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October 10: International Day Against the Death Penalty

Nearly ten years after the ending of the death penalty in South Africa, sixty-three prisoners remain technically under sentence of death, although the death penalty was finally abolished in South Africa in the 1995 Makwanyane Constitutional Court ruling which forbad the state to ?to execute any person already sentenced to death? and provided for them to remain in custody until such sentences had been set aside in accordance with law and substituted by lawful punishments.?

 

Nearly ten years after the ending of the death penalty in South Africa, sixty-three prisoners remain technically under sentence of death, although the death penalty was finally abolished in South Africa in the 1995 Makwanyane Constitutional Court ruling which forbad the state to ?to execute any person already sentenced to death? and provided for them to remain in custody until such sentences had been set aside in accordance with law and substituted by lawful punishments.?

The achievement of the abolition of the death penalty in South Africa was the culmination of many years of campaigning against the death penalty as cruel, inhuman and degrading punishment, which has disproportionately affected those of lower socio-economic status and conditions across the world.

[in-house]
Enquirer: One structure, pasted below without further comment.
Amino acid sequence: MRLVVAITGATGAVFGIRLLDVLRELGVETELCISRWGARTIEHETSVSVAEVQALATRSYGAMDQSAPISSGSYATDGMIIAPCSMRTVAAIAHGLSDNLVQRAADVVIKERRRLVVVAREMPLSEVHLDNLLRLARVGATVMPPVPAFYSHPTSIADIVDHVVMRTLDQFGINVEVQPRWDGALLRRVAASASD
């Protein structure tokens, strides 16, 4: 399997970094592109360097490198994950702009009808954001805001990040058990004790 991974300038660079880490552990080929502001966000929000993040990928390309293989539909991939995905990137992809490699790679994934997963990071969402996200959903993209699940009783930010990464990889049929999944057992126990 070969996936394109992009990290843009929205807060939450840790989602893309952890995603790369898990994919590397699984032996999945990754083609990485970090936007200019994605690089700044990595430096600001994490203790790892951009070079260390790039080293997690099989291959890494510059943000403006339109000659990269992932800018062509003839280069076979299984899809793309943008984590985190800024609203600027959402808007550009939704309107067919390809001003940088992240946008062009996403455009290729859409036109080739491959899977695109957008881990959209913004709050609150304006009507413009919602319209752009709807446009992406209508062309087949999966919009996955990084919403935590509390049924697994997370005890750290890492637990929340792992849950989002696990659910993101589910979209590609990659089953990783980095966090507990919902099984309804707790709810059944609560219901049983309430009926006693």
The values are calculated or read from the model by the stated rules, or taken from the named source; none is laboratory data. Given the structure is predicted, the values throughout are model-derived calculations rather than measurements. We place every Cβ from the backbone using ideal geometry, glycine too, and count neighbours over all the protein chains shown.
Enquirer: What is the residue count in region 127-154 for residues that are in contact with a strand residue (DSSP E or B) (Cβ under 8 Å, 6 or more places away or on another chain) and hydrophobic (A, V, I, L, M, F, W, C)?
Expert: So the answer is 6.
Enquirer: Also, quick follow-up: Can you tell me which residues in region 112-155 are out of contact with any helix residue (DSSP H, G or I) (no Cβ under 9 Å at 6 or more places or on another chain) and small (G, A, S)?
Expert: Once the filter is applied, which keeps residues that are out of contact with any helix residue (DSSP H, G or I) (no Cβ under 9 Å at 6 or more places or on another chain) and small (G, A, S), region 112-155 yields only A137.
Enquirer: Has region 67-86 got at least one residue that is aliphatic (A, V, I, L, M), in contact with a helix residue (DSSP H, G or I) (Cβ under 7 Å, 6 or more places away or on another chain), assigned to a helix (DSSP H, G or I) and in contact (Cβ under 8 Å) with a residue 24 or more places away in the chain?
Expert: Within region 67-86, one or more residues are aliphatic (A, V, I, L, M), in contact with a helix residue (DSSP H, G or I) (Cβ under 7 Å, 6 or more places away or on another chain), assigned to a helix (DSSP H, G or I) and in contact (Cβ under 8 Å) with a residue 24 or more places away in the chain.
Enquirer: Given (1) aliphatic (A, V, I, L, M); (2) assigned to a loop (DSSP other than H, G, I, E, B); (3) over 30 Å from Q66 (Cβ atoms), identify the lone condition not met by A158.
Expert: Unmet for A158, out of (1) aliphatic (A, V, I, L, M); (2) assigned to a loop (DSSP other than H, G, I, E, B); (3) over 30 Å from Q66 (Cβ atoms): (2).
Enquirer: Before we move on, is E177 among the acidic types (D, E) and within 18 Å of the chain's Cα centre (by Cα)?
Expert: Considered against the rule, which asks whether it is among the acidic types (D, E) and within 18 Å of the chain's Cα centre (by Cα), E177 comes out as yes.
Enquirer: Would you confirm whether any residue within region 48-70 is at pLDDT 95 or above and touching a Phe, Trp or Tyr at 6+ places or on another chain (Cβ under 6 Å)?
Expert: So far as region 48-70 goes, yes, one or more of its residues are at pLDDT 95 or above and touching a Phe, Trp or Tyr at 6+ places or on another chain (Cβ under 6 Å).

In 1988 at the initiation of the Campaign against the Death Penalty, South Africa had the dubious reputation as the country that had the highest rate of executions in the world. Before 1988, Iran was the only country that executed more people than South Africa. In South African law, the death penalty was obligatory for murders without extenuating circumstances and discretionary for a range of other crimes including rape, robbery and housebreaking with aggravating circumstances, sabotage, kidnapping or child stealing, terrorism and treason.

While present-day public discourse calls for the reinstatement of the death penalty as an appropriate punishment for a range of crimes, it does not acknowledge how the state execution of criminals brutalises all who are involved in these atrocious acts of killing without any evidence of the death penalty acting as a deterrent to the committing of a crime.

As the membership group of survivors of apartheid human rights violations, Khulumani Support Group, amongst whose members are those who were reprieved in cases argued on the principle of ?common purpose?, calls on the Department of Justice to finally clarify the legal status of prisoners under sentence of death as a matter of urgency. The untenable limbo situation in which these prisoners find themselves, is not of their own making and demands the implementation of administrative justice.

Khulumani Support Group also joins the struggle for the abolition of the death penalty across the African continent. We welcome the fact that 12 countries have to date abolished the death penalty and that another 20 countries have not executed any individual for the past ten years. Khulumani stands with other abolitionist countries in declaring that ?killing a person who has killed a person, cannot teach anyone that killing people is wrong." (Ann Colvin)

Issued by Dr Marjorie Jobson, Chairperson, Khulumani Support Group Board of Directors
3rd Floor Heerengracht Building, 87 de Korte Street, Braamfontein 2017
Tel: (011) 403 4098

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